The situation of having both raw materials and finished products provided by international suppliers makes it difficult to control prices of dairy products in the domestic market, experts say.
Do Kim Tuyen, head of the Ministry of Agriculture and Rural Developmentï¿½s Plan and Finance Division, told Thanh Nien Weekly that Vietnamese dairy producers had been trying to gain a larger part of the pie for many years, but had only managed the current 20 percent.
Tuyen said it was difficult for Vietnamese producers to find suppliers of raw materials in the country after investing in increased capacity to meet growing demand.
The development of dairy farming in the country has been slow and lags behind consumption growth, he said.
Raf Somers, chief technical advisor of the Vietnam Belgium Dairy Project, said the retail price of liquid milk in Vietnam was the top of the world with the highest at US$1.4 per liter last year. The 2.8-million euro project, financed by the Belgian government, aimed to improve dairy farming in Vietnam. It ended in February.
About 115,000 cows were raised in Vietnam last year, yielding 280,000 tons of milk in a country with a population of 86 million people. Tuyen compared this with the Netherlands, which has a population of more than 16 million people, raising five million cows.
Vietnamï¿½s per capita milk consumption is estimated at 15 kilograms compared to the Asian average of 35 kilograms, according to the ministry. The United Nationï¿½s Food Agriculture Organization says that globally, the annual consumption of milk is around 102.6 kilograms per person.
This shows the very high potential for dairy producers in Vietnam, said Jan Bles, managing director of FrieslandCampina Vietnam.
Bles said the market was growing but it was not easy for dairy firms to increase their capacity if they depended only on local suppliers for raw materials.
He said the firm has to supply its factories with 75 percent of imported materials. What the firm worried most about was the quality of milk that it collected directly from Vietnamese farms, which are mainly small-sized, not using advanced, more hygienic farming techniques, he said.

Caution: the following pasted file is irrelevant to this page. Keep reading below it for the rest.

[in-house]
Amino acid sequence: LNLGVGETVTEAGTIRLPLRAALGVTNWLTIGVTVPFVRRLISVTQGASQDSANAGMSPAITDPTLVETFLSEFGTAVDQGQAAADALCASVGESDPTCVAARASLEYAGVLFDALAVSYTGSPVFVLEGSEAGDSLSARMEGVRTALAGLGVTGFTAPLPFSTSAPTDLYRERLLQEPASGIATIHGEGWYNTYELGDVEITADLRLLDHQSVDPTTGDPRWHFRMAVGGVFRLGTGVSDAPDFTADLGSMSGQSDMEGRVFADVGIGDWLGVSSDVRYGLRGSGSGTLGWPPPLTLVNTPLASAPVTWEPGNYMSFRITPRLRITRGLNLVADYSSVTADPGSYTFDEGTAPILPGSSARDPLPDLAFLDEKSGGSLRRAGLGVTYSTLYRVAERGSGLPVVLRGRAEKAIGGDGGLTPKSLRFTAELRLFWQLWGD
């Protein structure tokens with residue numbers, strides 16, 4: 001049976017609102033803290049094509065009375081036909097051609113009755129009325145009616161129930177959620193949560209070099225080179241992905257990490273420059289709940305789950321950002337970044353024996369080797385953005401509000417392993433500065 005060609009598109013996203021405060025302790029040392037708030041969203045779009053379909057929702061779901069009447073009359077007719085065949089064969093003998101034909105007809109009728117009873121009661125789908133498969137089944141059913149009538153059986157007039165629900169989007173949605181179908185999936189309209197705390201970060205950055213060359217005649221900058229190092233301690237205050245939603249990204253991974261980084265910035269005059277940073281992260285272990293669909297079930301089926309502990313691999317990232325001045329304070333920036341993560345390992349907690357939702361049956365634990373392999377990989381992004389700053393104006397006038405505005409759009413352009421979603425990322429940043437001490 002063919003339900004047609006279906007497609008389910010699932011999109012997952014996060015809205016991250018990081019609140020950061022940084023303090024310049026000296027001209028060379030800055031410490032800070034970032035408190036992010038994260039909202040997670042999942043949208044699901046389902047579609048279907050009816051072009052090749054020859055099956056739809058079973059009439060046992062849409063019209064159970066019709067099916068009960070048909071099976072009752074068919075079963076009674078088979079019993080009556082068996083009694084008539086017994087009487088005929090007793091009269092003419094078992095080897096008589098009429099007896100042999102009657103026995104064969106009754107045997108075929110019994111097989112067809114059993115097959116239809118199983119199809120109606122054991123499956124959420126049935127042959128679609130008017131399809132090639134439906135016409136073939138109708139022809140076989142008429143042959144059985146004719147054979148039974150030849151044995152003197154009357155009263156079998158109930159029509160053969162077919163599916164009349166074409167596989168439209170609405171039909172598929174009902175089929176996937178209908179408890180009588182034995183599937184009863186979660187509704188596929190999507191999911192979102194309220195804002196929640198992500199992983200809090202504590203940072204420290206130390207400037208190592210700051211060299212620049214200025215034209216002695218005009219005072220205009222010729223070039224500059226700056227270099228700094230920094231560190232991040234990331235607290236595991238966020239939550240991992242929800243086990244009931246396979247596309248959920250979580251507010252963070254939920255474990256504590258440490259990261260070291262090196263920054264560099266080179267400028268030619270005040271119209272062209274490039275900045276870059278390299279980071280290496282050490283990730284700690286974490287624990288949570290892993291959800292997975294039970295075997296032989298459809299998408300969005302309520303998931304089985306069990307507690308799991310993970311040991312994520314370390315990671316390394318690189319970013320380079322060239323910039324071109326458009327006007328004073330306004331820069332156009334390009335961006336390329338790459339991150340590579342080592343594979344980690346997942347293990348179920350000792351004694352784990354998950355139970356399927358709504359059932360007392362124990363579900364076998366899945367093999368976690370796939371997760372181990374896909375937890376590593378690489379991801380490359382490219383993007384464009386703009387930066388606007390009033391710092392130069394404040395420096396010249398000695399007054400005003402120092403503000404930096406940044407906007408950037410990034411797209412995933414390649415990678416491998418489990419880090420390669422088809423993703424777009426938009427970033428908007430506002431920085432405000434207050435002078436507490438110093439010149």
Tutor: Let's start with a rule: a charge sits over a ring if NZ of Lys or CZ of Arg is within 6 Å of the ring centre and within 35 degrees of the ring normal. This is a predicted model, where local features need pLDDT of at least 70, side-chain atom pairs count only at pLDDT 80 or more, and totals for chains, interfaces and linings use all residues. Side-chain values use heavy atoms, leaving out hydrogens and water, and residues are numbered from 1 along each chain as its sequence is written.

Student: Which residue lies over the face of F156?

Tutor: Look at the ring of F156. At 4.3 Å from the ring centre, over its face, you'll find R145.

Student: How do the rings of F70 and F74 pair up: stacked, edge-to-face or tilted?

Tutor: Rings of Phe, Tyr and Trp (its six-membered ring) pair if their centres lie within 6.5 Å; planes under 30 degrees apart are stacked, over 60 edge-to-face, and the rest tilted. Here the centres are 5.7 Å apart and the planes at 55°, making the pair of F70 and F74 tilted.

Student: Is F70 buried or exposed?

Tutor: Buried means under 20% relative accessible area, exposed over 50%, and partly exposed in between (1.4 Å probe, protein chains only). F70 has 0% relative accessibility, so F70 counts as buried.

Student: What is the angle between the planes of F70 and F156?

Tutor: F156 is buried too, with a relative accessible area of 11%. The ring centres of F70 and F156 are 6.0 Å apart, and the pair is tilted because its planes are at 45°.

FrieslandCampina, formerly known as Dutch Lady in Vietnam, is the first foreign investor in the countryï¿½s dairy industry in the last 15 years. It has invested $125 million in two factories in Ha Nam and Binh Duong provinces in the north and south of the country respectively.
Bles said Vietnam needs big farms to raise cows on a large scale and produce a stable volume of milk to supply processing factories.
But the country lacked large areas of grass to feed cattle, said Tuyen, adding dairy farming was underdeveloped in Vietnam where little machinery was used in raising and milking cows.
He said the countryï¿½s dairy industry aimed to increase capacity to meet 30 to 40 percent of domestic demand for raw materials by 2020. For this, 500,000 cows would be needed to produce more than a million tons of milk.
Nguyen Phuoc Trung, deputy director of Ho Chi Minh Cityï¿½s Agriculture and Rural Development Department, said the municipality would develop high tech agricultural areas for dairy farming in Cu Chi and Hoc Mon districts with support from the Israeli government.
The city targets high quality, not quantity, in the dairy industry, said Trung. The plan is to reduce the herd to 75,000 cows in 2020 and 70,000 cows in 2025 from the current 78,000, he added.
Meanwhile, local firm TH Milk is set to become the countryï¿½s biggest dairy farm, raising 9,000 cows in the central province of Nghe An. The cows were imported from New Zealand. The $148 million firm has said it would increase its herd to 10,000 cows by the end of this year and 40,000 cows in another couple of years.
Vinamilk, the countryï¿½s largest dairy producer, has also imported 350 cows from Australia to its farm in the same province, increasing its herd to 1,200.
Last month, FrieslandCampina announced a $10 million expansion in its factory in Binh Duong Province, and that it is also considering an investment in the central region.
All this is happening even as the government tightens control over production and trading in dairy products.
The Vietnam Chamber of Commerce and Industry was quoted by a local newspaper as saying dairy companies have hiked their prices by 3 to 10 percent every two to three months this year.
The government has asked businesses trading in childrenï¿½s formula to register their sales prices with authorities starting this month.
The Ministry of Finance has named 150 companies that must register their prices with the authorities, including major foreign-owned dairy firms like FrieslandCampina, Nestlï¿½, Mead Johnson, Meiji and 3A Pharma, the official distributor of Abbott brand products in Vietnam.
The General Statistics Office said the country imported $551 million worth of milk and milk products in the first nine months of this year, up 49.2 percent from the same period last year.